“There was no playbook, no institutional template for how you start a new school,” Dr. Jeff Coben said. “We really began with very little direction for how we were going to build this thing — other than we knew for accreditation purposes we had to have a certain number of faculty and a certain number of departments. Everything else was ‘how do we do this?’”
Details were one thing, but what would make this new offshoot of the WVU School of Medicine unique among already-established schools across the country? The answer, Coben said, lay not in programs or even faculty, but in student experience.
That, he said, WVU can provide in spades.
“The partnerships we have, and the experiential learning opportunities that students can get within our school, our emphasis on Appalachia, West Virginia and rural populations — that is one of the things that I think is important, and clearly distinguishes us from the vast majority of other schools of public health,” Coben said.
It's that outward-facing direction that is important to Dr. Clay Marsh, chancellor and executive dean, WVU Health Sciences, who said the School of Public Health has played a vital role in fulfilling WVU’s land-grant mission through practice-based learning, innovative research and community partnerships to improve the future for West Virginians.
“Students and faculty alike are developing solutions with local impact and global significance that address complex public health issues and transform lives,” Marsh said.
Not only is the School of Public Health embedded within a health sciences center where students can work with other students in healthcare professions, they also have access to the National Institute of Occupational Safety and Health and the Monongalia County Health Department within walking distance.
“I don’t think there’s any other institution in the country that has those kinds of resources available, “Coben said.
Since its founding, researchers have delved into ways to reduce teen smoking, the effect of childhood trauma on adult mental health, why some communities are less healthy than others and additional health issues rampant in the state, as well as climate change that affects the world.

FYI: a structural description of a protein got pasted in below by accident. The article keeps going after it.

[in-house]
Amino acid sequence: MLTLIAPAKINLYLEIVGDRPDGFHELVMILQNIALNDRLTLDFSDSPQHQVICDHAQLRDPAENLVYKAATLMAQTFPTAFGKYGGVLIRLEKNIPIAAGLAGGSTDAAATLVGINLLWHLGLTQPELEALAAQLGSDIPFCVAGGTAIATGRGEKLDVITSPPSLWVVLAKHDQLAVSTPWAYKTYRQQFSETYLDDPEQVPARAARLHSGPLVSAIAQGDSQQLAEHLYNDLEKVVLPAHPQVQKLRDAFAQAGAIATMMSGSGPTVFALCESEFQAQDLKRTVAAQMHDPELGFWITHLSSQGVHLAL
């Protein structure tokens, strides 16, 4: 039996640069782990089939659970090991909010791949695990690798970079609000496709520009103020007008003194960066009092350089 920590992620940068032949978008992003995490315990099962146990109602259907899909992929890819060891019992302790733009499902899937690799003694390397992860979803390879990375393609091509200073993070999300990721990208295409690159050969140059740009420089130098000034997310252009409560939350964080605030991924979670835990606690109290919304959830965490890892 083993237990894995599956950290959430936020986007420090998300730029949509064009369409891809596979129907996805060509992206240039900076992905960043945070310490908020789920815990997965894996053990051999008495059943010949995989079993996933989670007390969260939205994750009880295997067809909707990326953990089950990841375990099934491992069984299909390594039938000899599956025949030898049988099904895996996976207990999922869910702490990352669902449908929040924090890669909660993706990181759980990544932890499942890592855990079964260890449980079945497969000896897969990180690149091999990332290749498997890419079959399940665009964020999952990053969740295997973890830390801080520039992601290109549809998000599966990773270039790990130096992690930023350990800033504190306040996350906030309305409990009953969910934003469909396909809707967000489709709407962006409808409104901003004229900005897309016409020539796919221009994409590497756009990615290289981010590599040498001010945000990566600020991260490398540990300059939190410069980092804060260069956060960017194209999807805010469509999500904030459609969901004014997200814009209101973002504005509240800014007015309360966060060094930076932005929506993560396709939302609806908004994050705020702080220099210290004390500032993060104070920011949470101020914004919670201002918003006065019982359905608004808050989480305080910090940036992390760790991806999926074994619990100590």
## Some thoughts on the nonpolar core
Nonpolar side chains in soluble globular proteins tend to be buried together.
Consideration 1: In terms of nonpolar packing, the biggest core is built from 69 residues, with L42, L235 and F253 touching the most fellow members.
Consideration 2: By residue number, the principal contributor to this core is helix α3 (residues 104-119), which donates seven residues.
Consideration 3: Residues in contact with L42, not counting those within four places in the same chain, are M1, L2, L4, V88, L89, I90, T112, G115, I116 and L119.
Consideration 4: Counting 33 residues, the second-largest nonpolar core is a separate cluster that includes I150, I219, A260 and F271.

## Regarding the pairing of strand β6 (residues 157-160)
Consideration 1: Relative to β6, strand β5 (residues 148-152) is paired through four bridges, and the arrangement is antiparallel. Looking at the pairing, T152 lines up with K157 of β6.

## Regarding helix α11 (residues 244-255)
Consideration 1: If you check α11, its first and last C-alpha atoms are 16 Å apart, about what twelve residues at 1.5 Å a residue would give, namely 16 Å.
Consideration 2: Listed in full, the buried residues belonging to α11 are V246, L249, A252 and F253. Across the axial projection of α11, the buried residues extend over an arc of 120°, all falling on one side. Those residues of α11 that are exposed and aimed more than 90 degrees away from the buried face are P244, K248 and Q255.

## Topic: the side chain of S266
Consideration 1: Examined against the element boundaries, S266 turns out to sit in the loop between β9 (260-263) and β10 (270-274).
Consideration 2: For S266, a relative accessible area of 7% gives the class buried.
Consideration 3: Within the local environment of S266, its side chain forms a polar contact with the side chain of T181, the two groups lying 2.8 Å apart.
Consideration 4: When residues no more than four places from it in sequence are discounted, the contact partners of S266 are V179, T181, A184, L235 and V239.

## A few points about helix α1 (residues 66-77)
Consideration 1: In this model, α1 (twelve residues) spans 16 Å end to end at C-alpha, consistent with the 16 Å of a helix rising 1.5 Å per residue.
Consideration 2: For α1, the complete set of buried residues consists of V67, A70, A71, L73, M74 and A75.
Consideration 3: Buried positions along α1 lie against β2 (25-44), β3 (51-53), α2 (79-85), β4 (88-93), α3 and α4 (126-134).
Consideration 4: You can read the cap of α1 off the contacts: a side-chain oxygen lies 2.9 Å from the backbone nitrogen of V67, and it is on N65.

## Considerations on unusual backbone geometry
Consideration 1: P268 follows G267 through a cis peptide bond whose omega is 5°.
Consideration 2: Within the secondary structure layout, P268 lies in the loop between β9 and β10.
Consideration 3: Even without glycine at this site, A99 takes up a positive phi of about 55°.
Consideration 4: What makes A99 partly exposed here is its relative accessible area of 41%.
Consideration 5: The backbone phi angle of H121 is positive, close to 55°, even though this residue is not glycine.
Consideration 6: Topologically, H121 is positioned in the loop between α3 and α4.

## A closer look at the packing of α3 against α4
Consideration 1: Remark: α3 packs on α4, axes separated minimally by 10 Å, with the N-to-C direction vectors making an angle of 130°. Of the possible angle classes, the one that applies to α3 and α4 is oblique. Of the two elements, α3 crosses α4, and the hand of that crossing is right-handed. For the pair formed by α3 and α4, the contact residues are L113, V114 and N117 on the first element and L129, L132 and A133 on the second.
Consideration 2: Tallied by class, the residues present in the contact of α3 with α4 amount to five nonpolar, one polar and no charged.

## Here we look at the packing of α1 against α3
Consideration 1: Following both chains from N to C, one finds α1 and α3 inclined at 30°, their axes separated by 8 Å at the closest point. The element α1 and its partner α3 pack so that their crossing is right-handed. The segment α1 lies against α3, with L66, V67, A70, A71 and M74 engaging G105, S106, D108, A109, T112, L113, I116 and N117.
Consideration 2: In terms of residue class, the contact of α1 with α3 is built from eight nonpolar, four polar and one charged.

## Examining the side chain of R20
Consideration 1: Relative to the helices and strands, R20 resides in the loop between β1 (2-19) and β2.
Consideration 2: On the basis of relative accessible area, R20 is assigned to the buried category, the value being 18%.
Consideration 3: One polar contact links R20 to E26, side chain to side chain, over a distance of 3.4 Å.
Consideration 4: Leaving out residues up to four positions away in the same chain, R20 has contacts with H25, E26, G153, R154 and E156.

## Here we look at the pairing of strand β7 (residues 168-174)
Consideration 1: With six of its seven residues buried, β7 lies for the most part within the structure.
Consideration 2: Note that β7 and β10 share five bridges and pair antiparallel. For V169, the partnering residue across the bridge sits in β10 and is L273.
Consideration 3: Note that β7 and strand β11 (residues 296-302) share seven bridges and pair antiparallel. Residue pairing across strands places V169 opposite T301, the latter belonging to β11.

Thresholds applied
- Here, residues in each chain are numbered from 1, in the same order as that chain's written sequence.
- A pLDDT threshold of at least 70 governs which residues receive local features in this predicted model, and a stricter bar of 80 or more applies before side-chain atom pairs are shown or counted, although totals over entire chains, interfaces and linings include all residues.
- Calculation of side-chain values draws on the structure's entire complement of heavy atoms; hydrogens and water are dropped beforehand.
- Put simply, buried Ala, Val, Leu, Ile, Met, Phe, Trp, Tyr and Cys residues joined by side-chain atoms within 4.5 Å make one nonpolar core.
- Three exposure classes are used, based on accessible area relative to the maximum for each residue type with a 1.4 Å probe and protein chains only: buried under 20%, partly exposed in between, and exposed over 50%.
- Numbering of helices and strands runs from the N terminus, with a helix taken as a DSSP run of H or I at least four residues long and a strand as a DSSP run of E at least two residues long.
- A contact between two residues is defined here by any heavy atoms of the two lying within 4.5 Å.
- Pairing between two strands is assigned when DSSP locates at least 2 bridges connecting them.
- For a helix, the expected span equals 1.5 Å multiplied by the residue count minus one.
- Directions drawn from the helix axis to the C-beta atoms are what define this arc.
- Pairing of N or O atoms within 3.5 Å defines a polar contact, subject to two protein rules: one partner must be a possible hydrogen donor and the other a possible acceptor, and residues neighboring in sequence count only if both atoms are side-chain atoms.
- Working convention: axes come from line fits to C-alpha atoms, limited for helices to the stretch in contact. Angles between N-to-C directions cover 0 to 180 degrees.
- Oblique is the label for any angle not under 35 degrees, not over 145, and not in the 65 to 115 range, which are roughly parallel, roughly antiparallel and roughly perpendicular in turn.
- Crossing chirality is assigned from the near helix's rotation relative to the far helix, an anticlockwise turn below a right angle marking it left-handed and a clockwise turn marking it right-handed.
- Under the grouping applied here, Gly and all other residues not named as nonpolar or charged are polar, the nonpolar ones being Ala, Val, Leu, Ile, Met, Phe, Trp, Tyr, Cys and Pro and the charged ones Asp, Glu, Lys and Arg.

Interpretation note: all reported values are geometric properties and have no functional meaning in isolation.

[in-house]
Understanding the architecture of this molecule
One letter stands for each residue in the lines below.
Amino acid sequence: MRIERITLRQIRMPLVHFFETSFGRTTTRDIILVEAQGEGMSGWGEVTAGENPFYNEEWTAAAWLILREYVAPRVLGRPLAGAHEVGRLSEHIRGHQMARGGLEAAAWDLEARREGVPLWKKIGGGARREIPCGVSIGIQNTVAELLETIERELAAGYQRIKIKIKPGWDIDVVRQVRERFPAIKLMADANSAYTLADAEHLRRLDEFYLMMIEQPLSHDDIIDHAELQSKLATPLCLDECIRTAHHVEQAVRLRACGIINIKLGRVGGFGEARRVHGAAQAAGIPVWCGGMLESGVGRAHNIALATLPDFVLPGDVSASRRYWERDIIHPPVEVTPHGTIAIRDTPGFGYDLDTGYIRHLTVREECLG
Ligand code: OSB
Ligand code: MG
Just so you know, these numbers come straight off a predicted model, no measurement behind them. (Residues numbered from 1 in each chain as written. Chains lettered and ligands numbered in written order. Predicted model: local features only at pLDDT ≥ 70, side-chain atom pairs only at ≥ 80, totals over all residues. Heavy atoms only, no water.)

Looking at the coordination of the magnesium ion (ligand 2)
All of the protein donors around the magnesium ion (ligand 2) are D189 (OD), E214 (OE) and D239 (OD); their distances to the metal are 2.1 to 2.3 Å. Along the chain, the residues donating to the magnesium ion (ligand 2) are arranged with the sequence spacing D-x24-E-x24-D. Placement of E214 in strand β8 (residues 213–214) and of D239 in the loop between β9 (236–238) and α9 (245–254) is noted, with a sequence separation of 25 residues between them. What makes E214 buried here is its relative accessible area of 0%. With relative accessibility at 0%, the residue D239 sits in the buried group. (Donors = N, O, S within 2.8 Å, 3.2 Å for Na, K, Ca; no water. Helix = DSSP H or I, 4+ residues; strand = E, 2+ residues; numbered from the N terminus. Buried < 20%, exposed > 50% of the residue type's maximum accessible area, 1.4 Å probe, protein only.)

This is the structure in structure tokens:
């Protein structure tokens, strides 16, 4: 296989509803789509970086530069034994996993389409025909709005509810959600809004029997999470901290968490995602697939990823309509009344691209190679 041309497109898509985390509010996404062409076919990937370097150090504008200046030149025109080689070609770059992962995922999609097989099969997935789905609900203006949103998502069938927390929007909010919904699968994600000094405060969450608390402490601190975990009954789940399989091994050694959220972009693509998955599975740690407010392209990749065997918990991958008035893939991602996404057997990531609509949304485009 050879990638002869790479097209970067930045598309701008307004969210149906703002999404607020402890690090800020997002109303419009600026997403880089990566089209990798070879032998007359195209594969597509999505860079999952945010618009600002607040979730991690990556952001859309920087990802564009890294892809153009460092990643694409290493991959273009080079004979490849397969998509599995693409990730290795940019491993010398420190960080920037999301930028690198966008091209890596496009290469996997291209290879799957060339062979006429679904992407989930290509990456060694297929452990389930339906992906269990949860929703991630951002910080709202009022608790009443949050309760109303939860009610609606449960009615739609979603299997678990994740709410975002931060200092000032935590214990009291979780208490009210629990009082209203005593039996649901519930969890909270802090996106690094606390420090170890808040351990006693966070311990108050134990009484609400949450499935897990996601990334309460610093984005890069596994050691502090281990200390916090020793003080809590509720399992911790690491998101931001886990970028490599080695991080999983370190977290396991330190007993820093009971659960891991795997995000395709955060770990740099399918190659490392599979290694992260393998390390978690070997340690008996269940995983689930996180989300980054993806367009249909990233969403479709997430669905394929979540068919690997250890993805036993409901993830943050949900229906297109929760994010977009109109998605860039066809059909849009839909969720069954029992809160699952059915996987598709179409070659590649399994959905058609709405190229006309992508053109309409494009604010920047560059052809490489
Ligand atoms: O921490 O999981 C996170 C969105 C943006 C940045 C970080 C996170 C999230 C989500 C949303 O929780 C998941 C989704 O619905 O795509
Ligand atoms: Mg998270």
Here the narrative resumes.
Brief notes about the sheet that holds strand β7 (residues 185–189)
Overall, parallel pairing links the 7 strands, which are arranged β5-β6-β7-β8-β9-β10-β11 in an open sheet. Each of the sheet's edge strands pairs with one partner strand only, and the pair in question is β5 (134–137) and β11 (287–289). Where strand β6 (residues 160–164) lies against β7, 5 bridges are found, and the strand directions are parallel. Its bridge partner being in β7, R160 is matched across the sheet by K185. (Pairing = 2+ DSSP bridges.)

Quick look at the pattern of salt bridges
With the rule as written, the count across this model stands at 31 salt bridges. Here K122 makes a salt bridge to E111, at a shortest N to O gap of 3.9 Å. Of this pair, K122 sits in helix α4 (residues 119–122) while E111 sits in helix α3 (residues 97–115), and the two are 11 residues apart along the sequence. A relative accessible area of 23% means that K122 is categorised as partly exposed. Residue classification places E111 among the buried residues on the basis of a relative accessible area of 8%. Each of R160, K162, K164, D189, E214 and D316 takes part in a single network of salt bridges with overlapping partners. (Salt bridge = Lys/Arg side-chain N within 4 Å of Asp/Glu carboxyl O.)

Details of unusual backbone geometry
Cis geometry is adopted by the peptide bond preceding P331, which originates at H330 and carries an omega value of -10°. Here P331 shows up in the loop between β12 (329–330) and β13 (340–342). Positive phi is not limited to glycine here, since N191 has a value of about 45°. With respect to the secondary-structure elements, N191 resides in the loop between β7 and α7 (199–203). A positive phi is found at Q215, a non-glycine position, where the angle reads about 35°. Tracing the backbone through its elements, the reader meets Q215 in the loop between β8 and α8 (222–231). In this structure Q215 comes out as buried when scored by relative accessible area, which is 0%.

Where there's smoke
Geri Dino is the director of WVU’s Prevention Research Center. Competitively funded by the U.S. Centers for Disease Control and Prevention, the WVPRC and Dino have been involved in work “near and dear to her heart” for almost 25 years. Clearly not risk averse, Dino left a tenure-track job, took a salary cut and came to WVU “to do something different” in 1995. That something was to address tobacco use, particularly with youth. A trained psychologist, she had never done research in tobacco use, never worked in public health community engagement. She freely admits there was lots she didn’t know. Read more about Dino's work.
Living with the bear
Brittany Smith, a Ph.D. candidate, defines public health professionals as those who go into a community and put into place the things that allow some kind of shift in maladaptive cultural norms. That’s a high-level way of saying they give communities tools to change harmful patterns that may have been in place for generations. Read more about Smith's journey.
The air we breathe
Mike McCawley, a clinical associate professor in the department of Occupational and Environmental Health Sciences, likes to quote Coben: “We’re the fence at the top of the cliff, not the ambulance at the bottom.” Because in its best practices public health is about prevention, not reaction, about keeping people healthy. Read more about McCawley's work.
The unsheltered present more than one problem for the city. Keith Zullig teaches social and behavioral science to his students and provides mindfulness training to first responders who see the “frequent flyers” under the bridges and on the streets. The training makes people aware of their thoughts without letting those thoughts control their behavior, meaning when they see the same people time after time, they can still see the human being, not the condition, in front of them. Read more about Zullig's work.
Why are they falling in?
In the messy matters of public health, the cycle of addiction is both the root and the consequence of other health issues that affect a wide swath of U.S. and, particularly, West Virginia, residents. According to Dr. Chris Martin, there’s a seemingly unlikely connection in the causes of both — a decent job. Read more about Martin's work.
30 more years
Part of preventing people’s suffering includes health policy, and that’s where Robert Duval’s expertise intersects with the School of Public Health. He has kept a close eye on a public health threat he began teaching about 30 years ago — climate change. Read more about Duval's work.